There are many things in an organization that a leader can and should relegate, but when it comes to strategy, the buck goes nowhere. It is the leader’s prime imperative to ensure the organization has a sound strategy that will guide the company to its desired future. A good strategy involves a strong vision of where your organization needs to be in the next three to five years, and a clear mission that brings everybody together on the company’s reason for existence. One thing that’s often missing however, is a clear understanding of the organization’s driving force.
Your company’s driving force brings focus to your competitive advantage. It informs all the functional parts of your strategy including your offering/market mix and the key capabilities that will need to be built to support your vision. A company with an unclear driving force will typically commit valuable, scarce resources behind products, services, and markets that are antithetical to its vision. When this happens, there’s no chance for the organization to grow properly, and they unnecessarily expose themselves to more strategic competition.Nine Strategic Areas of Driving Force:
Source: Kepner-Tregoe, Inc.
The concept of a driving force, originally pioneered by Kepner-Tregoe, Inc., may be confusing at first, but it’s absolutely vital to the company’s strategy. Where a vision anchors the company into the future, the driving force cradles the company in a decision-making frame, reinforcing decisions in alignment with the company’s strategy and flagging decisions that are out of alignment with the company’s strategy for challenge.
Although there are nine different driving forces, the two most commonly seen in Corporate America today are offers and markets. An offer-driven company focuses on creating breakthrough products, services, and relationships (collectively called offerings), and constantly explores markets that are best served by its offerings. An example that comes to mind is BMW, who competes in the marketplace on the basis of superior craftsmanship of its vehicles.
A market-driven company competes by knowing a particular market extremely well. It then proceeds to develop a variety of offerings that complement their market. An example would be American Express, who knows the luxury market extremely well. And although their primary offering may be their credit services, they also cater well to their market with luxury travel offerings, private invitations to exclusive events, and the cachet of the black Centurion card.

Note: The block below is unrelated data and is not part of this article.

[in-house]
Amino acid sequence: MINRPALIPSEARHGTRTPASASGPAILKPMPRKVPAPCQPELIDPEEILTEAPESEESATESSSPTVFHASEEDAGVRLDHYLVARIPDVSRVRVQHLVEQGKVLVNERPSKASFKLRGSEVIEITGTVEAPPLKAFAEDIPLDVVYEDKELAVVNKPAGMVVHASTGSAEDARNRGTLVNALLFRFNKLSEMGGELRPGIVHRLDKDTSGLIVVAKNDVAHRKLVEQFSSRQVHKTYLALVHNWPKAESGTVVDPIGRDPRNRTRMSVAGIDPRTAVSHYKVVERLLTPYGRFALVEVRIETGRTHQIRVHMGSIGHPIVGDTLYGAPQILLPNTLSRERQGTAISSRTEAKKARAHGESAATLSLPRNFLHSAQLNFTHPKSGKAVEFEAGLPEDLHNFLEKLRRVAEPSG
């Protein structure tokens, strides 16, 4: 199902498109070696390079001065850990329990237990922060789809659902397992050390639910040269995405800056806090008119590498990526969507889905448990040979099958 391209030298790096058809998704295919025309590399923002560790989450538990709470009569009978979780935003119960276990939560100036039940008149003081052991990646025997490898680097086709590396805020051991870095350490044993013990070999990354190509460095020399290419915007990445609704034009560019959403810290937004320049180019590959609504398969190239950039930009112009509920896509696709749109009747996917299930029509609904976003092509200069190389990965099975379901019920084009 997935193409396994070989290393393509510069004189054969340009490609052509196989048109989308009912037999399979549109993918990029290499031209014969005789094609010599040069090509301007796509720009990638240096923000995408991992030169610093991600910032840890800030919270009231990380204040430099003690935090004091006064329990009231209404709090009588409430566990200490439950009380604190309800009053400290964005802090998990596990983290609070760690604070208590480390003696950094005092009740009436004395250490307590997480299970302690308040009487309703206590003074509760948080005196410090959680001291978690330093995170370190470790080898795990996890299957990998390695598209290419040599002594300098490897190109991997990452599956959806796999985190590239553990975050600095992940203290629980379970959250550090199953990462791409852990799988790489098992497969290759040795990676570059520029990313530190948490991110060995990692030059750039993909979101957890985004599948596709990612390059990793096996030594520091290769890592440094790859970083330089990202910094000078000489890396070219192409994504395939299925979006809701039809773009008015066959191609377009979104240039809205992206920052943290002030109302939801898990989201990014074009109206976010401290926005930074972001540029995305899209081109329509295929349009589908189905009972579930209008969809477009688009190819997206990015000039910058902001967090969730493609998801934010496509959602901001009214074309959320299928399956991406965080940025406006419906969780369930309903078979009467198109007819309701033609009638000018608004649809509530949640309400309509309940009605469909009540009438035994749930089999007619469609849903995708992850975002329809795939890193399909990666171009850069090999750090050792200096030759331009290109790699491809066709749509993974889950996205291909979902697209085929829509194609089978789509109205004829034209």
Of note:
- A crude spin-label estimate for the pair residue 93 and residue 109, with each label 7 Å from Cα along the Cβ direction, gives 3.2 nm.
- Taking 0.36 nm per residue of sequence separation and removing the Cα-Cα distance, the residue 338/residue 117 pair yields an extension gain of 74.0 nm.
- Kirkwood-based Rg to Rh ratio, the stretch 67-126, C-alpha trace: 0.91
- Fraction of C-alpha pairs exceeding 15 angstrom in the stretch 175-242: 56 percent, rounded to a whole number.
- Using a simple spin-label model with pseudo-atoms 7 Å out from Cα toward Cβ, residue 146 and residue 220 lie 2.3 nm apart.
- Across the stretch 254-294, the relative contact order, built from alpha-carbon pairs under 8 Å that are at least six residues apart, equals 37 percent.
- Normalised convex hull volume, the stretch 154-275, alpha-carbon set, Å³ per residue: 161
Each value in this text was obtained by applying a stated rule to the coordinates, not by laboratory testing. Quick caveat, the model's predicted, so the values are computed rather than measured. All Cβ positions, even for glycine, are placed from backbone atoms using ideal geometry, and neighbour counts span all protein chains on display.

A less common but interesting driving force is information. For those astute leaders who are already familiar with the concept of driving force, this is not a new strategic area, but a specific subset of the technology category, that has outstanding implications in today’s marketplace. Information-driven companies specialize at mining and cultivating data into wisdom. They are well-educated on the synthetic evolution of data to information, knowledge, then wisdom; and exploit this capability for competitive domination in the marketplace. Google and Facebook are terrific contemporary examples of companies that understand how to leverage their breakthrough information technology into amazing business success.
Although it’s not quite intuitive, once your driving force becomes clear, the rest of your strategy will fall into place much easier. Once a driving force is determined—and more importantly, uniformly understood within your executive ranks—deciding on innovation balance and target markets becomes quite clear. This is one of the most elusive, critical decisions the top leader—and only the top leader—can make. If you’re not driving the company, then who is?